This past couple of weeks have been winter walking at its worst. We’ve had large dumps of snow, rain, freezing rain, sleet, slush, mush, and gusty winds. The streets are sloppy and the sidewalks are worse. Plus I’ve been busy at work and driving to a customer’s office 5 days a week.
It adds up to a bad time for walking, and after 10 days or so of this I was feeling it. My back hurt from sitting too much, and I just needed some air. I wasn’t sleeping well either, so my energy levels were way down. I felt stifled and listless, and it reminded me of what I used to feel like before I started walking back in 2016. I dread getting on the scale for my Sunday weigh-in this week, I’m sure I’ve put on a few pounds just from getting out of my routine.
Winter will do that to you, there are going to be days when the weather doesn’t cooperate. Work will do that too, days when you’re just too busy to get out. Combining the two is the worst.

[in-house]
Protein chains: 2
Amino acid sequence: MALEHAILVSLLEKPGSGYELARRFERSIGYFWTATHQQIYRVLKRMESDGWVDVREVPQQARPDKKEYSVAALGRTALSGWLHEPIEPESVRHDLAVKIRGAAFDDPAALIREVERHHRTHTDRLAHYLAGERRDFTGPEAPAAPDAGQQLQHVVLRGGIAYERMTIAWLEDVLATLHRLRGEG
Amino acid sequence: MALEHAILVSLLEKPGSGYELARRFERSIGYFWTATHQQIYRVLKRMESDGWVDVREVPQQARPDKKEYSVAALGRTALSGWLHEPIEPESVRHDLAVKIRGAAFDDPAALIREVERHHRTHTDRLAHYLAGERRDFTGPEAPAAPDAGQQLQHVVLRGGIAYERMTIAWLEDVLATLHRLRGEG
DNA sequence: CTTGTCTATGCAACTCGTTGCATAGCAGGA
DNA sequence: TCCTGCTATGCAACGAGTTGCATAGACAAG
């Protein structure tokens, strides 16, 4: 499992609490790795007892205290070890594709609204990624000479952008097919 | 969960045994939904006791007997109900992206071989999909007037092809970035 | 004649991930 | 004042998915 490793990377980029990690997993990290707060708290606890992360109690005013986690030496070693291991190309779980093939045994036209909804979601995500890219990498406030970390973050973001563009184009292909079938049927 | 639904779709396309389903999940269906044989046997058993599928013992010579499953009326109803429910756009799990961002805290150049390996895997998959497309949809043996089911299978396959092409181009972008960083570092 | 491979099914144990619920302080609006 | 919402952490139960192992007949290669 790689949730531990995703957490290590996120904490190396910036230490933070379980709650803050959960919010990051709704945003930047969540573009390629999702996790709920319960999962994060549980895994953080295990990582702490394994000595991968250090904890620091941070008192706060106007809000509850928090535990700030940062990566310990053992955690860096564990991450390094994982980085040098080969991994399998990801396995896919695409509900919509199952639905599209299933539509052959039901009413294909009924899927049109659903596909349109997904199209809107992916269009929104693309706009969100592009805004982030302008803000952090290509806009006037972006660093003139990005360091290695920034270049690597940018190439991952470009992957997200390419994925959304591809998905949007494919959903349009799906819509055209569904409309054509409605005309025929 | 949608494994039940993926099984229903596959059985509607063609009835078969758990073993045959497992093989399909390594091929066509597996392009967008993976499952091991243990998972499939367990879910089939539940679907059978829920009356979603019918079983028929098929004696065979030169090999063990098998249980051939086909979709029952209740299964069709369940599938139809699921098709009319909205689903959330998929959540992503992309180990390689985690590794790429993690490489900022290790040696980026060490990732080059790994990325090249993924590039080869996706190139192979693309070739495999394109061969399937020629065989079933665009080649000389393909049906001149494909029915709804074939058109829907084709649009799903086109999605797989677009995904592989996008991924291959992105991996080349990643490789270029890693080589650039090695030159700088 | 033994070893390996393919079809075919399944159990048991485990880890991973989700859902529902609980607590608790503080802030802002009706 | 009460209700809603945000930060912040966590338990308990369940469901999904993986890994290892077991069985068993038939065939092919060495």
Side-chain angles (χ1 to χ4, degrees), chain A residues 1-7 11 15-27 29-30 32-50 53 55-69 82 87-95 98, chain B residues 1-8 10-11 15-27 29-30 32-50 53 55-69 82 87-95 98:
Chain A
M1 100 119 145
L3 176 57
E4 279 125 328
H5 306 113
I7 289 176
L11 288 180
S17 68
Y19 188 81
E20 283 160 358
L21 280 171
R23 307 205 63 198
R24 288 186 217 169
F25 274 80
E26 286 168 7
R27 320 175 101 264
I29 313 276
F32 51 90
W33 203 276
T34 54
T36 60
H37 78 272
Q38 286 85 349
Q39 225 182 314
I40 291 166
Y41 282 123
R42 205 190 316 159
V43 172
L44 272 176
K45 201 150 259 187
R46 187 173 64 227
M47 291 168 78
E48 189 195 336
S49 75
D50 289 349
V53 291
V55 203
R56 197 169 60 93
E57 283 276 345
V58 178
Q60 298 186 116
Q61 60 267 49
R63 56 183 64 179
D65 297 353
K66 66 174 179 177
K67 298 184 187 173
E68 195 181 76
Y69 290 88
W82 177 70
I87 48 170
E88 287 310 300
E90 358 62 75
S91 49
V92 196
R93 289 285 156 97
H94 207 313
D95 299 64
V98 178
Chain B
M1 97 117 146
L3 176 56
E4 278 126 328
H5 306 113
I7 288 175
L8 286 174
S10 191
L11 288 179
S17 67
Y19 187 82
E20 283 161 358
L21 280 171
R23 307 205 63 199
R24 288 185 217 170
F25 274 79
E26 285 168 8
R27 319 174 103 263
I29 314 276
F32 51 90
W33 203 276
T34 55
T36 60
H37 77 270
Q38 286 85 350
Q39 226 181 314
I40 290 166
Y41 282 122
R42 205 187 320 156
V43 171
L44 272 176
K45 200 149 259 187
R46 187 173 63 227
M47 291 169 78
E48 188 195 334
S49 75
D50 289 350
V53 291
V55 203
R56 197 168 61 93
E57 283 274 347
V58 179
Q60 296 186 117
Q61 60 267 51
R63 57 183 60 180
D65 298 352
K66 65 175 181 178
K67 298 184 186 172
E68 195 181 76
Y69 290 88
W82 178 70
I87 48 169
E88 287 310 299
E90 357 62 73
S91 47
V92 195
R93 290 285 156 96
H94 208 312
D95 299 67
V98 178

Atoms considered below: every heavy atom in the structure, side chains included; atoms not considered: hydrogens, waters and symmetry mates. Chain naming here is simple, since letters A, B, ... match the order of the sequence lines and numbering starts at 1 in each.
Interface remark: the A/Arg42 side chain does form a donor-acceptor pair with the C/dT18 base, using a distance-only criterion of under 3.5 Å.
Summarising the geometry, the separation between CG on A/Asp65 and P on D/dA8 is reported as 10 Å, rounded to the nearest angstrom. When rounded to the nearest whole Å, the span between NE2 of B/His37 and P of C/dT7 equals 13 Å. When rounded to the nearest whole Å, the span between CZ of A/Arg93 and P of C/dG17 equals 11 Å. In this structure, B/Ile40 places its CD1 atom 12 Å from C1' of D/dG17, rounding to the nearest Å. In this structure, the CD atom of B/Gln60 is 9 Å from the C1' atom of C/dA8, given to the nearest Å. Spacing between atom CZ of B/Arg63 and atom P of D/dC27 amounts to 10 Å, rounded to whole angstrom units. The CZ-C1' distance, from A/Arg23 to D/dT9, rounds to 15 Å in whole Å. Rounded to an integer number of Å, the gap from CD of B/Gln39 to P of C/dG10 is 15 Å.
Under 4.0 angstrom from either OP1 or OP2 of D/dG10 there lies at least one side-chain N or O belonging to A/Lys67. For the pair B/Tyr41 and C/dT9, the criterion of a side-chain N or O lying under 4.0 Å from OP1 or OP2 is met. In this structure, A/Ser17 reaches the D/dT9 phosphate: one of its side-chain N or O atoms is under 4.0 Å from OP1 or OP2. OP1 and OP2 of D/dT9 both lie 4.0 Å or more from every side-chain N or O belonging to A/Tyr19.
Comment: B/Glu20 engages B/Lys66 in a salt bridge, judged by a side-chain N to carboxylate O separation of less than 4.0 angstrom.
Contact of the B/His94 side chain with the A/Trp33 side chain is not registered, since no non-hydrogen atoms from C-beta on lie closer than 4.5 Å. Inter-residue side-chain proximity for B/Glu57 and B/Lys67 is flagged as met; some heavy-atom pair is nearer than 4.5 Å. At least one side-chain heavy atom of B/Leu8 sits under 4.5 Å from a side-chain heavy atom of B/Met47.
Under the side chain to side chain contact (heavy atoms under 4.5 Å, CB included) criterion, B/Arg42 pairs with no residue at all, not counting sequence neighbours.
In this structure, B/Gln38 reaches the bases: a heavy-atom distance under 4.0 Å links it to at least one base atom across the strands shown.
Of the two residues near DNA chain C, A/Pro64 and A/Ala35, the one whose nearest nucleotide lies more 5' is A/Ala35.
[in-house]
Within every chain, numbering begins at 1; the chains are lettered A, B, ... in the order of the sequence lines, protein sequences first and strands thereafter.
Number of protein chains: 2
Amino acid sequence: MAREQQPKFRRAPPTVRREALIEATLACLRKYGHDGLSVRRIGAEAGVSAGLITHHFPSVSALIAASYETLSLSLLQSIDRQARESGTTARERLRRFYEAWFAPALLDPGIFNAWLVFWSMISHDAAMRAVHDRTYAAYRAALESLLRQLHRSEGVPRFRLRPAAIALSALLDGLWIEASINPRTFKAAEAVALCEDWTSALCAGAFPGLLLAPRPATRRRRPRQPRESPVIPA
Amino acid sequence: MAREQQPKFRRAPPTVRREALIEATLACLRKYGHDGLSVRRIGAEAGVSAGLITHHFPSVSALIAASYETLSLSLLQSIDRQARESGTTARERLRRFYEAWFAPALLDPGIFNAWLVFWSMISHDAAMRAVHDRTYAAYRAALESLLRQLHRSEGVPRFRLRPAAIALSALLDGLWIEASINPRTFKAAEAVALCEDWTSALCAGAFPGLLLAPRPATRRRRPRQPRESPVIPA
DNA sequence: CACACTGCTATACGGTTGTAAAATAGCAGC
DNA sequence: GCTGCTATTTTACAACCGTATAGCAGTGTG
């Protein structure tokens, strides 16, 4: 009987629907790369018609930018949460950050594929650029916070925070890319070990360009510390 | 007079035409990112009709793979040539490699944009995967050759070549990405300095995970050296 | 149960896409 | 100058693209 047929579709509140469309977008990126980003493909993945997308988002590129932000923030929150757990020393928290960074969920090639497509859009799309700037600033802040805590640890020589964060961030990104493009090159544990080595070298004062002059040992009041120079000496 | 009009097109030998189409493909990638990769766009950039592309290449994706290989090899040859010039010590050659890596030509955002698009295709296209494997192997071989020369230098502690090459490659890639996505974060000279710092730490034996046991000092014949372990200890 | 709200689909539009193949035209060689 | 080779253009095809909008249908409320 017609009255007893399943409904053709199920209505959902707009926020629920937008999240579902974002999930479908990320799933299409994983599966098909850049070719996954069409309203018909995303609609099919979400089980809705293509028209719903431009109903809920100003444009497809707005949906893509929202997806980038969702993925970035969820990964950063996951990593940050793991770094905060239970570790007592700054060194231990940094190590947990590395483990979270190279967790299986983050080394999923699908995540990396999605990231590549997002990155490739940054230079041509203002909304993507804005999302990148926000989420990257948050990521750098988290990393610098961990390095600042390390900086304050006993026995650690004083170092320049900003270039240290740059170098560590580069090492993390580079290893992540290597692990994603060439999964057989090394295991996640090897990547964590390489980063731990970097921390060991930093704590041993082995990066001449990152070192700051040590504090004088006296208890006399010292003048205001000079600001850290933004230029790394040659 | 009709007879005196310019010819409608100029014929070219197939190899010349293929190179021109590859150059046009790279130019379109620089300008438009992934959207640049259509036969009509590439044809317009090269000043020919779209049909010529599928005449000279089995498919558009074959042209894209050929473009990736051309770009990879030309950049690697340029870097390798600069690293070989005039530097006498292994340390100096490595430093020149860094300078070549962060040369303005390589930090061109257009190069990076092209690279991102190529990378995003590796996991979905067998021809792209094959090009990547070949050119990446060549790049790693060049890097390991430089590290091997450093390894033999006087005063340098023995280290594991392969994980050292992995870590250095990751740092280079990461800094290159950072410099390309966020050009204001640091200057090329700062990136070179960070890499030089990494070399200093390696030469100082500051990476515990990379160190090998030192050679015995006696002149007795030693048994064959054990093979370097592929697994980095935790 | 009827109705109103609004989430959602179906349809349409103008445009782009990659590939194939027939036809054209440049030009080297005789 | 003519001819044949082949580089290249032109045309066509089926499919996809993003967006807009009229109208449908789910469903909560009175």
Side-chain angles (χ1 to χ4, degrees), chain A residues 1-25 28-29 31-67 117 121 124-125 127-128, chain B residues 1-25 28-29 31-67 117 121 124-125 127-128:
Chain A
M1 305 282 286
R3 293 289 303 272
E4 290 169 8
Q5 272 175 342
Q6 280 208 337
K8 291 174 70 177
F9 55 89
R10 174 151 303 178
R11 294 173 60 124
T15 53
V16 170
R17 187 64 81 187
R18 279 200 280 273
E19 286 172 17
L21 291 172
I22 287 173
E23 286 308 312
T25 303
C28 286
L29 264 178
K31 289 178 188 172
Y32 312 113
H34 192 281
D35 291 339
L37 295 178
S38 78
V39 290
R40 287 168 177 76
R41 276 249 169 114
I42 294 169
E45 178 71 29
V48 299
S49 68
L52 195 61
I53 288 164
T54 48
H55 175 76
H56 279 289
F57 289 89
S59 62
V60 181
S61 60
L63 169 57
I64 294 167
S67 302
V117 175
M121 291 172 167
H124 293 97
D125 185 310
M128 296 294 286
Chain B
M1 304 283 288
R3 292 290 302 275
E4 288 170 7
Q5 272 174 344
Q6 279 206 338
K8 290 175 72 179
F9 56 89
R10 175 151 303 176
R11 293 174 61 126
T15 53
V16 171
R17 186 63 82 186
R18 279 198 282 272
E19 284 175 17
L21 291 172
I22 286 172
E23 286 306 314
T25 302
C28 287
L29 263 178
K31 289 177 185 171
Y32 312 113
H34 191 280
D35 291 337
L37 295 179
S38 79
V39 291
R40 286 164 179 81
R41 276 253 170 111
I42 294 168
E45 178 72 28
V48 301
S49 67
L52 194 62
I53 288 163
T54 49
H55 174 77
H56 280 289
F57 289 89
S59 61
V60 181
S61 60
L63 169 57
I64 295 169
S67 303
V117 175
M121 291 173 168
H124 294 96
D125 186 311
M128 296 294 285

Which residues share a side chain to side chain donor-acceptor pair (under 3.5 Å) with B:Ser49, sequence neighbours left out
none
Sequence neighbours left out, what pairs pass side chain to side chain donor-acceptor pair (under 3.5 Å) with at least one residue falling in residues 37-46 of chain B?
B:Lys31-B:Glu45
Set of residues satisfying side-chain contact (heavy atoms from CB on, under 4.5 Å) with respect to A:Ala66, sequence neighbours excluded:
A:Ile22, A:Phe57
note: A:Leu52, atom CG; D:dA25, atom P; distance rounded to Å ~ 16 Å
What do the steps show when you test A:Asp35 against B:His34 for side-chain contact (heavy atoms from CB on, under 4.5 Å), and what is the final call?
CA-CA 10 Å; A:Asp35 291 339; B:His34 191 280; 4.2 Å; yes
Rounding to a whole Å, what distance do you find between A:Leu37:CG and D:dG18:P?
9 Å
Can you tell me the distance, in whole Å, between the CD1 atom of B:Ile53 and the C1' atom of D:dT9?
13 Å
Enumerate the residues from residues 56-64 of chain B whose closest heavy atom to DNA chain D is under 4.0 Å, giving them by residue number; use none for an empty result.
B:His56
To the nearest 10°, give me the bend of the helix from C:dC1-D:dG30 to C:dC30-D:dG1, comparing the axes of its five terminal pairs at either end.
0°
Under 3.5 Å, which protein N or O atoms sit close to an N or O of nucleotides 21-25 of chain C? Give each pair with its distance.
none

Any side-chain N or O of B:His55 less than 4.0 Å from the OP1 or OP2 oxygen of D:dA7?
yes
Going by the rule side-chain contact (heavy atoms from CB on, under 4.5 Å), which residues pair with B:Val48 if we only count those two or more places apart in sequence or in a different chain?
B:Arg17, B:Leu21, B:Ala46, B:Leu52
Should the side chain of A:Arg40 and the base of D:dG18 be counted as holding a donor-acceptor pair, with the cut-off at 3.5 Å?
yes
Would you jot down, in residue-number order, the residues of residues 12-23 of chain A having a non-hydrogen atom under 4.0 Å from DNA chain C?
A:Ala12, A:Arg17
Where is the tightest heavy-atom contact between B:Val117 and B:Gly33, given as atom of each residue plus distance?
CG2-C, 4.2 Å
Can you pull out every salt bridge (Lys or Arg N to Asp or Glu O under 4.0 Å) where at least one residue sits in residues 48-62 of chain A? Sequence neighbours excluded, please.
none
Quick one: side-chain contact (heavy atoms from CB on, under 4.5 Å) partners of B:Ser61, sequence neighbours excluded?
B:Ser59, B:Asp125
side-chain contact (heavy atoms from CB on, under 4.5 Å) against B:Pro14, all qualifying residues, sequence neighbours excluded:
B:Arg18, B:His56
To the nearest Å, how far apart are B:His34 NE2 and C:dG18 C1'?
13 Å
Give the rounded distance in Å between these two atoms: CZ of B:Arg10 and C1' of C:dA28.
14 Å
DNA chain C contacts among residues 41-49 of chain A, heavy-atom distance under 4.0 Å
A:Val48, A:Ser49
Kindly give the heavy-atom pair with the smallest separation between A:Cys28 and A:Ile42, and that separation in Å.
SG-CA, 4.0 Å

Today I managed to get out for the best part of 2 hours and it felt good to be stretching my legs. Even so, there’s still a lot of ice about on sidewalks, and the weather today made it tricky – it was below freezing at about -4C but the sun was out so there was a lot of melt-water leaking onto the sidewalk and that froze as soon as the sun shifted and shade covered the area. You had to be careful and pick your way, looking out for dry stretches and penguin-walking through the wet/icy parts.
I know that too much salt is bad all around – it kills grass, ruins the sidewalk, destroys your boots, and fouls the meltwater that runs off to the lake. Still, I was hoping that people would spread it liberally today, and while some people did, others ignored it and hoped for the best. That’s the trouble with winter walking in Toronto – you have to be on your guard all the time because just when you assume that your footing is good, you’ll slip on a patch of ice.
Getting a walk in when the elements conspire against you – that’s slog walking. Baseball pitchers & catchers report for sprint training this coming week, the first sign of spring. Play ball.